10. 10. Bytes per Second The number of bytes per second. Figure 5 - Bytes per Second
  11. 11. Bits per Second VIEW NOTES: The number of bits per second. This enables an at-a-glance view of the total bandwidth used as well as a detailed look in single second precision. OTHER NOTES: Interestingly the maximum throughput rate is lower in this IP conversation than the IP conversation to/from 1.119. We can see the consistency of this throughput during the file download to 1.72. Next we want to look further into the 1.119 views to determine if we are dealing with a network issue. [We used the right-click | drilldown method to create this new view.] Figure 6 - Bits per Second
  12. 12. Packets per Second The number of packets per second. This view when compared to the bits/bytes view above allows the user to visually identify when many small packets are generating the traffic or if it is a few larger packets. Figure 7 - Packets per Second
  13. 13. TCP Errors Overview TCP Errors Overview Applied on 12/31/2013 4:21:18 PM. Total capture window: 11/15 18:03:43.415340 - 18:04:30.415340. Current selection: 11/15 18:03:43.415340 - 18:04:30.415340 (47 s at 1 sec). Source File: C:UsersLauraDocumentsCustomer ProjectsCase 03A543tr-twohosts.pcapng File Time: 12/31/2013 4:03:25 PM File Size: 54525KB Checksum (): Drilldown Sequence: 1. Applied the view "IP Conversations" 2. Performed a Conversation selection on the "IP Conversations" Conversation Ring. Details: Selected: 200.236.31.1 - 192.168.1.119 3. Applied the view "TCP Errors Overview"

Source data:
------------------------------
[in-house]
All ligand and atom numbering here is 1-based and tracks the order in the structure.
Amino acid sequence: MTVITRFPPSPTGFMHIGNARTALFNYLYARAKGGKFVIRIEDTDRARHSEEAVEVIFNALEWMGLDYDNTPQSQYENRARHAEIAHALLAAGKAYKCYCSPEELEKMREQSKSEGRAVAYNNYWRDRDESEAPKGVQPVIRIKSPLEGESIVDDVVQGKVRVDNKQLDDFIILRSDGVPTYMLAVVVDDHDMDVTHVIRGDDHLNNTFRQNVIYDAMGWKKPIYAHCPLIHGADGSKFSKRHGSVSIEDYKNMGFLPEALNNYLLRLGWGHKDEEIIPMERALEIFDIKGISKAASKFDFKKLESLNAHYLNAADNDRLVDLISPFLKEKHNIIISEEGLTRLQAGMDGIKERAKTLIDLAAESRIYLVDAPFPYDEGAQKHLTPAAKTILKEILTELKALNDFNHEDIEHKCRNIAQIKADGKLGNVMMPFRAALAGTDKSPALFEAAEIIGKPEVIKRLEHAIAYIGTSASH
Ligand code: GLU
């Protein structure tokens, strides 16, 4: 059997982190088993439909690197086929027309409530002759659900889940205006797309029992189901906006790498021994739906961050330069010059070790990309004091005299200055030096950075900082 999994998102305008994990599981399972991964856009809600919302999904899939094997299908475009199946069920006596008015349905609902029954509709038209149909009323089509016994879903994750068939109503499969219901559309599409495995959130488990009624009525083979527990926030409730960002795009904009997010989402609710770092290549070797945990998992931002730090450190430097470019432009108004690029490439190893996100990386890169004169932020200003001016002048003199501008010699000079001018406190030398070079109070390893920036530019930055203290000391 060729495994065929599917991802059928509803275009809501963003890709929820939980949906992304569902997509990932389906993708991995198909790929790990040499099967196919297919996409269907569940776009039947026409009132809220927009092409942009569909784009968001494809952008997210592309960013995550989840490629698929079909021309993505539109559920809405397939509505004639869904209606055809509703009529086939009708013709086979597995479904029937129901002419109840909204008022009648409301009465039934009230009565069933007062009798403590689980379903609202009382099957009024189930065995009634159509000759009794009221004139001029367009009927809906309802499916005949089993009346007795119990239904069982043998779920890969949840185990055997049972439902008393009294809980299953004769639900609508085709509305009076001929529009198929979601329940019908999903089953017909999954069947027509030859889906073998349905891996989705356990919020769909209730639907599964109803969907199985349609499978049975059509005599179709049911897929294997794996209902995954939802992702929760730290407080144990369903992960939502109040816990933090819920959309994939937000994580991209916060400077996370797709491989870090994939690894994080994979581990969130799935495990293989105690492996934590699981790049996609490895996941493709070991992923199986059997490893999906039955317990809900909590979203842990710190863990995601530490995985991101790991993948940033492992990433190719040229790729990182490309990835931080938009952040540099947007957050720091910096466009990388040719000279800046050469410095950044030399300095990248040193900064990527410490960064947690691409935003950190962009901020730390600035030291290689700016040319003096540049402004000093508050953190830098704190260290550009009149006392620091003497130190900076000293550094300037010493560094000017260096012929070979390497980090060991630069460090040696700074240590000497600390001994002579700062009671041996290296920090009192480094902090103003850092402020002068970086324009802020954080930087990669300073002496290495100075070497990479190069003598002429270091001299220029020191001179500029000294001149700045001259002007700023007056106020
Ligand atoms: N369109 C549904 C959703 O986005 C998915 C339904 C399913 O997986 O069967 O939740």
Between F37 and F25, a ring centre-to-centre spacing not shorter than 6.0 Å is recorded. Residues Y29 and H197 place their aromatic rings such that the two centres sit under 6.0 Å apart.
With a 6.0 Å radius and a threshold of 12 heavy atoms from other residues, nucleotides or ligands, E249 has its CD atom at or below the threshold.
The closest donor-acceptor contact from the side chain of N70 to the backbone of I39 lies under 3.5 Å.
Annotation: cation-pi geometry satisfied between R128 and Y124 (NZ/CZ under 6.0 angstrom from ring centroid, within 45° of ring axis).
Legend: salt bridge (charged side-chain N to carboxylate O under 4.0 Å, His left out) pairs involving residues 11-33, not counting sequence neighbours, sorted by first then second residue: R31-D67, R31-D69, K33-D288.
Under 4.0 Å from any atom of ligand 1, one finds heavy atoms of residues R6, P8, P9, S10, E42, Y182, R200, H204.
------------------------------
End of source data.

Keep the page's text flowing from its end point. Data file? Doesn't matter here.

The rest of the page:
14. 14. TCP Errors Over Time VIEW NOTES: The number of TCP errors per second, charted over time. OTHER NOTES: This TCP Errors Overview screams that "packet loss" is the issue. Notice the pattern matches the dips in the throughput (Bandwidth Over Time) graph. Our 1.119 host is downloading a file and it appears that significant packet loss occurs during the process. Our host supports Fast Recovery (hence the Duplicate ACKs), but this cannot overcome the throughput problems caused by packet loss. We will look inside the Duplicate ACKs to see if the client is at least using SACK (119DupeACKs.pcapng). [We used the right-click | Send to Wireshark from the Total TCP Errors screen to just grab those packets.] We also notice that there are only 454 Lost Segment indications, but over 1,000 Retransmissions. This means that we lost multiple segments in a row - complete outages rather than just single packets being dropped here and there. This is of concern since 99.99999% of the time packet loss occurs at an infrastructure device. This trace indicates that likely an infrastructure device is failing fast. We need to find out if it is one of ours and replace it asap. NEXT STEP: We need to capture traffic at the ingress point of our network to determine if the packet loss is occurring internally or externally. If we see the original packets AND Retransmissions in that trace file then we have a problem internally... packet loss has not occurred yet. If we only see the Retransmissions, then the problem is external to our network. Figure 8 - TCP Errors Over Time
  15. 15. Relative Number of Errors The relative number of occurrences of the different TCP errors in the period under observation. Figure 10 - Relative Number of Errors